The children's own judgments are most likely to appear in Bible lesson answers, History, Picture Study or Literature. In a composition on 'Space Research' one boy aged thirteen wrote about the space-ship, 'There will be the lack of something to do, for the human mind has to be occupied.'
The preparation of programmes, the setting of examination questions and the reading of examination answers, does not comprise the whole work of the P.U.S. There remain the enrolment of new home-schoolroom pupils, and the answering of lettersletters of enquiries about schools, on some aspect of the work for a parent overseas, or on behaviour problems. These aspects of our work absorb much time and thought. One never knows beforehand what the day's post will bring.
Our pupils are scattered all over the world, in every continent except Australia. There are pupils in lonely islands in the Pacific, Atlantic and Indian Oceans, in Tristan da Cunha, in the tropics, in Africa, Indonesia, South America and beyond the Arctic circle. There are P.N.E.U. schools in New Zealand, Bangkok, India, Bahrain, the Arabian Gulf, Nigeria, Ghana, the Congo, the Cameroons, Tangier, South America, Chile, Colombia, Canada, the West Indian Islands, Spain, Vienna, Italy, Geneva and, of course, throughout the British Isles.
What are the links which bind together all these children?
There are three: the work, the badge and the motto. All the children work from the same programmes, study the reproductions by the term's artist, hear the works of the chosen composer and read the books set for each term. All wear the same badge and have the same motto.
My information about the meaning and importance of the badge and the motto has been derived from the report of a talk given by Elsie Kitching, late Director of the Parents' Union School, at the Ambleside Conference in 1932.
In 1903 it had been suggested by a home-schoolroom pupil, Eric Bishop, that the P.U.S. should have a badge. He wrote to Charlotte Mason to ask if this could be arranged and sent her a design of a lark soaring towards heaven, encircled by a wreath of daisies. It was not until 1910 that a decision was reached on the design of the badge. Charlotte Mason and the former students from the House of Education decided that the badge should be in the form of a brooch, consisting of a circle bearing the motto around the edge and the lark in the centre.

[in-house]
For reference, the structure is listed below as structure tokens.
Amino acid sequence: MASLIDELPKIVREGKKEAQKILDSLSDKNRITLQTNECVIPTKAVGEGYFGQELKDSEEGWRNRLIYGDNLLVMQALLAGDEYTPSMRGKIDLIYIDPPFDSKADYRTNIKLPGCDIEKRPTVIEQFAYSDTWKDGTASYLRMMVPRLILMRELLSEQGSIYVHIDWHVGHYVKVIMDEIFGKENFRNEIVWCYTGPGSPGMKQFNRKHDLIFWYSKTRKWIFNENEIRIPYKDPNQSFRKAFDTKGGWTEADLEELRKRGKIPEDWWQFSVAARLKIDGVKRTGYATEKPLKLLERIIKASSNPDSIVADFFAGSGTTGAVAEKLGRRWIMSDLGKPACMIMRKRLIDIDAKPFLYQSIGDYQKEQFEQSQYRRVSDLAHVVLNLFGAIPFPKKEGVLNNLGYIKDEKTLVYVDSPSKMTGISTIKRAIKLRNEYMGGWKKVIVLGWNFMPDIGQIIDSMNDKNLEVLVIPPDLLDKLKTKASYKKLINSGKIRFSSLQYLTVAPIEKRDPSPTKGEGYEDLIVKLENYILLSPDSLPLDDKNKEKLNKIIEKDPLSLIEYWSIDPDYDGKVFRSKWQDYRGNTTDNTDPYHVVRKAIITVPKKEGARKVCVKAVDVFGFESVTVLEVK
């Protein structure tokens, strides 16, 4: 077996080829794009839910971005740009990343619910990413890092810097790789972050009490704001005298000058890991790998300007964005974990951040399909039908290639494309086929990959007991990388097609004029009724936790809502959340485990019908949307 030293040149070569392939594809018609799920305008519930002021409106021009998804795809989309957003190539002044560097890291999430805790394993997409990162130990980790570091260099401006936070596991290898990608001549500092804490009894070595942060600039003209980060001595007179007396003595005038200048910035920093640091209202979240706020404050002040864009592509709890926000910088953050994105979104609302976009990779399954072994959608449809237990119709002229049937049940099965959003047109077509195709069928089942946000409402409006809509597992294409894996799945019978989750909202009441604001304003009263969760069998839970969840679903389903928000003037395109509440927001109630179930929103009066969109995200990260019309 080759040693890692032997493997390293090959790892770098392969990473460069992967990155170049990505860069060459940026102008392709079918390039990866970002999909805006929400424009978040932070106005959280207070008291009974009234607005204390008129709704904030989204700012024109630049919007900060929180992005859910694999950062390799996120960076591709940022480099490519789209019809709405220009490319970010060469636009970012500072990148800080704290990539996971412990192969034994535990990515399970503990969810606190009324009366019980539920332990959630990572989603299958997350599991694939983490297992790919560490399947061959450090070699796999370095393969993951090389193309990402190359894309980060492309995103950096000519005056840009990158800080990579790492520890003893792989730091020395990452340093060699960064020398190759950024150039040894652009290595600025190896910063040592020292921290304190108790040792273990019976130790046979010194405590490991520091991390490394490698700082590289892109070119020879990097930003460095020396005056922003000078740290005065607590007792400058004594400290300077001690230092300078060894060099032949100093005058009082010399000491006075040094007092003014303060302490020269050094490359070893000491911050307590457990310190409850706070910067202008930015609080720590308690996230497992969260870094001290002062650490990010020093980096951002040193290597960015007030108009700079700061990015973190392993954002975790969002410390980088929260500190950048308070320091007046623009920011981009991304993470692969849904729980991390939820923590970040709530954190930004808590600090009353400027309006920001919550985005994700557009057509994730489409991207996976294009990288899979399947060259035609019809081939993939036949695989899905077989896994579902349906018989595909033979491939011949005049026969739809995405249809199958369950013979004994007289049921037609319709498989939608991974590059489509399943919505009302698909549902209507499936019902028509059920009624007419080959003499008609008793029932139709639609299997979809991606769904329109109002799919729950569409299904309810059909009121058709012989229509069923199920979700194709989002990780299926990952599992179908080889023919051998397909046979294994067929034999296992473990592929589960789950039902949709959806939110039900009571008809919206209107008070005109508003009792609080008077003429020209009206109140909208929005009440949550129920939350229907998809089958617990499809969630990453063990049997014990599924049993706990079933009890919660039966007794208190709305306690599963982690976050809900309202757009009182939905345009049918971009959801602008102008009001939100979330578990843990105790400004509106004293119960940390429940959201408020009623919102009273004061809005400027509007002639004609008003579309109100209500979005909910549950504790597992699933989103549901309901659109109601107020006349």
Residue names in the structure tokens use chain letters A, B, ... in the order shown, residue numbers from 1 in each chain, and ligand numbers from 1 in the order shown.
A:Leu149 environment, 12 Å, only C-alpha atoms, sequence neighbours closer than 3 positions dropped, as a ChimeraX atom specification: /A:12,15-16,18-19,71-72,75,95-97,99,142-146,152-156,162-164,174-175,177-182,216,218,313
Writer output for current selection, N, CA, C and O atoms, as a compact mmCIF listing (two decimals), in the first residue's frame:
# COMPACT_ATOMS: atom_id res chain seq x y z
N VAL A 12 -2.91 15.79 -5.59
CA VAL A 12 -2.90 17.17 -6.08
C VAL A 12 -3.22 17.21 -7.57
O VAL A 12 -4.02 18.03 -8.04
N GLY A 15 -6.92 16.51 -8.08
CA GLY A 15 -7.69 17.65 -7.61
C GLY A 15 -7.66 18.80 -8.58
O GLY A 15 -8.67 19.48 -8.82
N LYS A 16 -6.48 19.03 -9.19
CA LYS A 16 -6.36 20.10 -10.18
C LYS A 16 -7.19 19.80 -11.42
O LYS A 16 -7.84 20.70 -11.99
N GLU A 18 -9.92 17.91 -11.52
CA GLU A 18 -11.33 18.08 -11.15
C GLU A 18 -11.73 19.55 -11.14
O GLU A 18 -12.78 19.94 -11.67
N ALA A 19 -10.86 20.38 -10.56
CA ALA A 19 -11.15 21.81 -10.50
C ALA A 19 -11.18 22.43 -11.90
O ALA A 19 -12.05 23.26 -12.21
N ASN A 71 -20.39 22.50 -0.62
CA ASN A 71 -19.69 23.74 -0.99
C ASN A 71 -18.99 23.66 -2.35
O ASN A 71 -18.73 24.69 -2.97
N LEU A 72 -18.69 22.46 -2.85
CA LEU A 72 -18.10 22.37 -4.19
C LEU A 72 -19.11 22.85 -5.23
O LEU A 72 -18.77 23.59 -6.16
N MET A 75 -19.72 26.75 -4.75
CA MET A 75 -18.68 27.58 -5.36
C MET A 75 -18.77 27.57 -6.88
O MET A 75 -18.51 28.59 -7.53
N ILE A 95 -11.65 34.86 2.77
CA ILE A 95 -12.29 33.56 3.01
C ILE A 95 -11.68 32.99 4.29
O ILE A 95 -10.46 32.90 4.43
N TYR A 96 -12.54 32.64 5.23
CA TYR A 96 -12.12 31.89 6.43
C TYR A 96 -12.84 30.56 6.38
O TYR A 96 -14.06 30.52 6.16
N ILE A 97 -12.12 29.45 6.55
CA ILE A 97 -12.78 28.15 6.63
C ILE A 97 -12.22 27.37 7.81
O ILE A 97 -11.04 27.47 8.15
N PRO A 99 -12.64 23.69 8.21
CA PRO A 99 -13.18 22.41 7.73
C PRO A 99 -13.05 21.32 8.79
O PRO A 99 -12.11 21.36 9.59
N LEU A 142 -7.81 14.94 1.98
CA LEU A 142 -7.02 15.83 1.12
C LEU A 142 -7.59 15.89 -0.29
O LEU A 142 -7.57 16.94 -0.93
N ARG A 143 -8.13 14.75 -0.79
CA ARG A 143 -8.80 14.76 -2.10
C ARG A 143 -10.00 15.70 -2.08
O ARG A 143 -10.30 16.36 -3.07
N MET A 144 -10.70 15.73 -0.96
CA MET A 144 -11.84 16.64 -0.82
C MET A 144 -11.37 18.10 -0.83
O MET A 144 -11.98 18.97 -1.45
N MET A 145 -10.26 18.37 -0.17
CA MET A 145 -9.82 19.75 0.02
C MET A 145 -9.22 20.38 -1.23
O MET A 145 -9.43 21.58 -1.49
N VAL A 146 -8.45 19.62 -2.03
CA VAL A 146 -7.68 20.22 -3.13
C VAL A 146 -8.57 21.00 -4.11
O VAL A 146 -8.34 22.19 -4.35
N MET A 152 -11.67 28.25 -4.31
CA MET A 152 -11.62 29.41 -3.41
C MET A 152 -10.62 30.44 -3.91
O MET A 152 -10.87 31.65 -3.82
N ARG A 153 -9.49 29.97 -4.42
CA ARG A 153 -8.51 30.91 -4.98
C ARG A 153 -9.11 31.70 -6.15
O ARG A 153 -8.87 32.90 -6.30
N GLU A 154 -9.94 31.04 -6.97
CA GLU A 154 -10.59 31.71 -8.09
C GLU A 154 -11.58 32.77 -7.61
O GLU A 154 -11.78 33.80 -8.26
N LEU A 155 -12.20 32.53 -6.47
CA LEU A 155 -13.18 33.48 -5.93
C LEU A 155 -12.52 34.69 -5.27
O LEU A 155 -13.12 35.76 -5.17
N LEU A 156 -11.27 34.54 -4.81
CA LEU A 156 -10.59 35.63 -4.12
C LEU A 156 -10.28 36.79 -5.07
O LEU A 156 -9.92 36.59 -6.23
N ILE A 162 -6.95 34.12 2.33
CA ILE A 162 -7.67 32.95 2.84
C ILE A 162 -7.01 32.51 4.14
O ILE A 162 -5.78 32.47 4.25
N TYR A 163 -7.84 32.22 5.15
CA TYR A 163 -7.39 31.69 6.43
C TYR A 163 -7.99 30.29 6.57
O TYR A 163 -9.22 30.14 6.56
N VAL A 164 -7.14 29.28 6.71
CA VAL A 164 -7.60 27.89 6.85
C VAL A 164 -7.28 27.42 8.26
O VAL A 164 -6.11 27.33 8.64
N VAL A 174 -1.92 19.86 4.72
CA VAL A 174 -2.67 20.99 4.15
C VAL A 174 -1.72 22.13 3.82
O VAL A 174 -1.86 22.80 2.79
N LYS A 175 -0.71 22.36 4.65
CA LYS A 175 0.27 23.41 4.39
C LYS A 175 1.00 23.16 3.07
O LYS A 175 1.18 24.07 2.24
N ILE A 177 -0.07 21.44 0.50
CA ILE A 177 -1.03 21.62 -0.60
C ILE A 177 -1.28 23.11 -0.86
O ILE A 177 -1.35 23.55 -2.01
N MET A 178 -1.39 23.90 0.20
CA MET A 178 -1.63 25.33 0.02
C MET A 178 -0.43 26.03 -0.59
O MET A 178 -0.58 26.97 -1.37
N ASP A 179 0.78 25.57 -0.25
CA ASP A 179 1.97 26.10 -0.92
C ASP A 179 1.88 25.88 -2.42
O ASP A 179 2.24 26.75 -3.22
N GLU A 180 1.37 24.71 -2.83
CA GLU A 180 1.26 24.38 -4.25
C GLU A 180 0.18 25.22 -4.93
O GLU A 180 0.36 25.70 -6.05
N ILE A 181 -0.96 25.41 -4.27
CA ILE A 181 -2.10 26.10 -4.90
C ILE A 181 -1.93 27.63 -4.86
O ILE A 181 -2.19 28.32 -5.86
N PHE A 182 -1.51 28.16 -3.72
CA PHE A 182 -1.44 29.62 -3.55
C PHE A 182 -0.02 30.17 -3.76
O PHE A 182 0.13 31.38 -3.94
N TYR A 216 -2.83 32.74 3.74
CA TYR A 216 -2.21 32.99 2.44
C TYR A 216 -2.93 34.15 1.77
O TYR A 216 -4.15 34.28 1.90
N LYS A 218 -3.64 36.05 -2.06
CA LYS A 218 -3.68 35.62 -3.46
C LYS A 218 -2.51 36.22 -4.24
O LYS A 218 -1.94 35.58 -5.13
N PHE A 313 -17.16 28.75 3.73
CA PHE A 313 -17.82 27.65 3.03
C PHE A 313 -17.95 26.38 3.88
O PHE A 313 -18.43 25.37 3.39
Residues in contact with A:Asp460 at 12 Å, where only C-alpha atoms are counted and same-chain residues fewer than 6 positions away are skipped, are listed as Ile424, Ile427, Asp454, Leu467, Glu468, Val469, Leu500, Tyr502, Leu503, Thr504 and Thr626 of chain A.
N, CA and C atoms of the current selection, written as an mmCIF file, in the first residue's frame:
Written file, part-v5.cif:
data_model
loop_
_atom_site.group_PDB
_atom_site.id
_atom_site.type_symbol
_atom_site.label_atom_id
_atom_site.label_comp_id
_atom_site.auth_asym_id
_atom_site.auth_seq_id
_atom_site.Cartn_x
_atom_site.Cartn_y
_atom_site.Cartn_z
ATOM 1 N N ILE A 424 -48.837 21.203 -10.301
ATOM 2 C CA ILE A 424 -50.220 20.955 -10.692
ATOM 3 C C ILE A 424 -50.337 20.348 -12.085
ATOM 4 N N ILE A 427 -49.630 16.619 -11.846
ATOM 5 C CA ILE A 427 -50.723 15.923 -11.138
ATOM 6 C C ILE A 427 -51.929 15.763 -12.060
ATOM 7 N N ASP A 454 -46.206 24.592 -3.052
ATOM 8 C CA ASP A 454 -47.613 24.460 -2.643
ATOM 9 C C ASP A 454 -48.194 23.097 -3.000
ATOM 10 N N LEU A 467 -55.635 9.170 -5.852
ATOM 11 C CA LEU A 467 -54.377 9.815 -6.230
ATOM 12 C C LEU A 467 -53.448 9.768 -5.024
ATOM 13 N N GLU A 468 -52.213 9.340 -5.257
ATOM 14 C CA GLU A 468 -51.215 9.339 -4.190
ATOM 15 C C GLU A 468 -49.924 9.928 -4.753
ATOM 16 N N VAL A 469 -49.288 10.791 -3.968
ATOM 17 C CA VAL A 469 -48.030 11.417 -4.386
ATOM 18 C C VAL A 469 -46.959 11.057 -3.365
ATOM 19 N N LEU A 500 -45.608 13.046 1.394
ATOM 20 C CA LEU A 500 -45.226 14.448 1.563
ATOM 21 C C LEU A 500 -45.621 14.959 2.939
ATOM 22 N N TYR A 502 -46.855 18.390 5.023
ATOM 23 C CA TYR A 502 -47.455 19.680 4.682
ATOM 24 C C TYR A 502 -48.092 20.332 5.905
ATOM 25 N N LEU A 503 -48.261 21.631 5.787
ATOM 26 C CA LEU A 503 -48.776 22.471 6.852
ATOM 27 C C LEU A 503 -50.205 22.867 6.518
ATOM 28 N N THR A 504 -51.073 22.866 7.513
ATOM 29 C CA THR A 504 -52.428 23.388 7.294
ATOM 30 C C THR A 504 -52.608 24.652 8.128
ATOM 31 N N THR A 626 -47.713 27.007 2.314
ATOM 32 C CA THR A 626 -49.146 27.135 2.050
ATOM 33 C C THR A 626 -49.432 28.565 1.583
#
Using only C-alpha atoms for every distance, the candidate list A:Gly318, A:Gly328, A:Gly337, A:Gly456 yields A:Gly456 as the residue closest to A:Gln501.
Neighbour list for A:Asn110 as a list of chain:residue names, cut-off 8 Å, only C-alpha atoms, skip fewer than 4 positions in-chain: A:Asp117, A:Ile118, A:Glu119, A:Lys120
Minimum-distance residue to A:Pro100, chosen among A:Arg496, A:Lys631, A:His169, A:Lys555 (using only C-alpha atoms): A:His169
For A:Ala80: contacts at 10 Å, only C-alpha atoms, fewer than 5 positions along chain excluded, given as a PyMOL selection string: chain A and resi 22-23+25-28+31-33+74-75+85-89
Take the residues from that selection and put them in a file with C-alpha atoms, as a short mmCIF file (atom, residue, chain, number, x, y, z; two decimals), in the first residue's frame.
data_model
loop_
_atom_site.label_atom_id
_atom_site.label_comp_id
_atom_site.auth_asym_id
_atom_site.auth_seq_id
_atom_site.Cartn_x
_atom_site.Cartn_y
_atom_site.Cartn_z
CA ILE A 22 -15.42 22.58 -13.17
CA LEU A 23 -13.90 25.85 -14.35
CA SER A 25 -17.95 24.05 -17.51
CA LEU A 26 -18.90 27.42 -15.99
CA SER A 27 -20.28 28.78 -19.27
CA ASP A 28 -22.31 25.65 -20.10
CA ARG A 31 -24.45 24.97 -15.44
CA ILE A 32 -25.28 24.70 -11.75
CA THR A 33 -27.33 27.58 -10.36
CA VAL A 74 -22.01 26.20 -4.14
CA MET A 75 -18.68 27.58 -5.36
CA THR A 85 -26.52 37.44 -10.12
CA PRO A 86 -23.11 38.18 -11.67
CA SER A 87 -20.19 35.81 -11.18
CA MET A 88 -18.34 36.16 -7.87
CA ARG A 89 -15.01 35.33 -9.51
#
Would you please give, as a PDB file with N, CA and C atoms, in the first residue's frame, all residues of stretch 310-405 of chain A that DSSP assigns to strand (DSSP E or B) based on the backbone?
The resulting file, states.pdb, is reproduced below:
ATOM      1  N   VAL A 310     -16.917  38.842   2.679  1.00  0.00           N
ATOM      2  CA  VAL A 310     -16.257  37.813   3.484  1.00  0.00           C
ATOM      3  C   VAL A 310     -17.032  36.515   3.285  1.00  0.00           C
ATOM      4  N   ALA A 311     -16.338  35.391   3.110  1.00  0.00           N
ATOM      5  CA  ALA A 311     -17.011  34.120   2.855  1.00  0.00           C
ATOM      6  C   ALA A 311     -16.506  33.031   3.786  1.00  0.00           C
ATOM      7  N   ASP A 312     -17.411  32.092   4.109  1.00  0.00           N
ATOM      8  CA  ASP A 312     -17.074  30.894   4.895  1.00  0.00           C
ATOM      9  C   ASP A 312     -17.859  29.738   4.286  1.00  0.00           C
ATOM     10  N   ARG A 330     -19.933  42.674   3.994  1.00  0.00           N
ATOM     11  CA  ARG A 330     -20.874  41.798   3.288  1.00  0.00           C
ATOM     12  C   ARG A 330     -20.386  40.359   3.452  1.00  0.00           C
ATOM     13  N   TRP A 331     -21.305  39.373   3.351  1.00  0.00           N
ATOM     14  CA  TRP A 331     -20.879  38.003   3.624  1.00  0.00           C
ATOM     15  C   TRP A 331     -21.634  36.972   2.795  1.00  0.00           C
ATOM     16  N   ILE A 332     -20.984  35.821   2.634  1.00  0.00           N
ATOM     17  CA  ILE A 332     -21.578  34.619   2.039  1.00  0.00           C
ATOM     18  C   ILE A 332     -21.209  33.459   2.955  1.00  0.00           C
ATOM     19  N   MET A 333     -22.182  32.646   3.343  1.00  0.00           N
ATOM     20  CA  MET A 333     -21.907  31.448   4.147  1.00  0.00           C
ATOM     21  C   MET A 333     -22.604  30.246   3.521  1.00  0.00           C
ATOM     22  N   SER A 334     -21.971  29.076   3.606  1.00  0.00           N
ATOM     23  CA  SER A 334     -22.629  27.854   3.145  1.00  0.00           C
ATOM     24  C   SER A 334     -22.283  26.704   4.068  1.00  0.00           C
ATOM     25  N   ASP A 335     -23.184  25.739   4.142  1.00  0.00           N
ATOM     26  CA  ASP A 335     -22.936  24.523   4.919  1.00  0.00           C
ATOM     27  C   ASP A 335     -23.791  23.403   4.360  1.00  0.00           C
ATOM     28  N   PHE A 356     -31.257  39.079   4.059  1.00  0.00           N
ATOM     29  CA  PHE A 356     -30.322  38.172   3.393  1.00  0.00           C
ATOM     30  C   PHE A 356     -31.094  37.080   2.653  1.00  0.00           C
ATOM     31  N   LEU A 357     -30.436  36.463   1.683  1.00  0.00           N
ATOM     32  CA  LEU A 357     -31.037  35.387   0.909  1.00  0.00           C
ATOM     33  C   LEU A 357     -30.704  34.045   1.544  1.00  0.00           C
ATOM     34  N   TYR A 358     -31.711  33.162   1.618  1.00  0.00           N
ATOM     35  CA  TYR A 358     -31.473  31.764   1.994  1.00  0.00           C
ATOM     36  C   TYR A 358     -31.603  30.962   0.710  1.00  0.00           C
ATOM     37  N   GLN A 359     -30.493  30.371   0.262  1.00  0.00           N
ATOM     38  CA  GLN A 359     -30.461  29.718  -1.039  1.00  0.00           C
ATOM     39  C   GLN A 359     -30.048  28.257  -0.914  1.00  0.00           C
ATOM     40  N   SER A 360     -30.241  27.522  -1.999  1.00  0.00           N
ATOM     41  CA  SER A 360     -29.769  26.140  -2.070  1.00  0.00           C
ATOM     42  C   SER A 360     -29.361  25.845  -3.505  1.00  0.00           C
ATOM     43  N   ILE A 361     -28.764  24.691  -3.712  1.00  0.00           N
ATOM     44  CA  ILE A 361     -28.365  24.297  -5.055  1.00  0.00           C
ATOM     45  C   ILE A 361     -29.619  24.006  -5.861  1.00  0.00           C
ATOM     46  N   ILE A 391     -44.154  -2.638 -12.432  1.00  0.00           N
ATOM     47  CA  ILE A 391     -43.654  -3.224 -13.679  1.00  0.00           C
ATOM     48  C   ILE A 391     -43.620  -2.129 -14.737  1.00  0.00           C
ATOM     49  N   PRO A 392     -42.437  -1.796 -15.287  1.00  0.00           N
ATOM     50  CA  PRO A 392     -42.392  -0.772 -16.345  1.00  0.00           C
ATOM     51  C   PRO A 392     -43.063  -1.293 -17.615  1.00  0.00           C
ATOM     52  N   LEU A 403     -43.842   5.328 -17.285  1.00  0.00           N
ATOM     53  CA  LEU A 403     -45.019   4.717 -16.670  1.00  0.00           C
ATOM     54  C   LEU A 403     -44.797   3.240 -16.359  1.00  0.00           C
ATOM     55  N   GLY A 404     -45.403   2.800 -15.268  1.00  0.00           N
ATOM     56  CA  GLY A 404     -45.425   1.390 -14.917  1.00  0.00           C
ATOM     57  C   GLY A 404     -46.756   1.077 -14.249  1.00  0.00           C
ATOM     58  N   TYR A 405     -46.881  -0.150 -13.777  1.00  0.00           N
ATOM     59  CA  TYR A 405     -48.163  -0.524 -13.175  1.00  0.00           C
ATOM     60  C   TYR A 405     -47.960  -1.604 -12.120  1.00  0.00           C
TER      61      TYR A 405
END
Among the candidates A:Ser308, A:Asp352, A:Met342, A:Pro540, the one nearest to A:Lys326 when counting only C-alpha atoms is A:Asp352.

The colours brown and white represented the lark, while the blue denoted the sky. In 1915 Dorothea Steinthal designed a badge incorporating these ideas. She added a wreath of daisies around the circlet. At first the badges were made by various firms, but as the bird frequently bore no resemblance to a lark, in 1930 Dorothea Steinthal suggested she should draw a simpler design which could be patented. This was done, and the new badge bears the soaring lark, its head thrown back in song, its beak open. Around the circle is inscribed the motto and the name of the school.
The motto, 'I am, I can, I ought, I will,' is simple and positive. It provides inspiration for all children, whether they are in the preparatory class, Form I or Form VI.
The educational principles of Charlotte Mason which guide us in our work are: the value and importance of a child as a person, and the fact that 'education is the science of relations.'
Charlotte Mason's concept of the word 'education' is derived from the Latin educare, meaning 'to feed and to nourish.' The mind must be fed and nourished: this is achieved through the width of the P.U.S. curriculum, in which is put into practice the idea of establishing a relationship with many subject and things, the reading of a wide variety of books, and the arousing of interest in crafts, art, music and physical skills. In this way the children grow to love knowledge, and their minds are nourished and expanded. They must be encouraged to discover things for themselves, to learn for themselves, whether the subject be a craft, or mathematics, or a language, science or literature. The development of character is aided by the formation of right habits or work and growth in judgment which, in their turn, lead to self-knowledge and self-discipline.
In conclusion I quote two remarks made by Charlotte Mason. 'The Parents' Union School was not intended as a cast-iron system and we must put away any idea of swaddling clothes or a system which prescribes one way and one only of entry into the field of Knowledge,' and 'We must not put the hands of the clock back.'
The saying of Dean Colet, which appears at the head of every programme,
is my wish for all the pupils in the P.U.S.: 'That they may prosper in
good life and good literature.'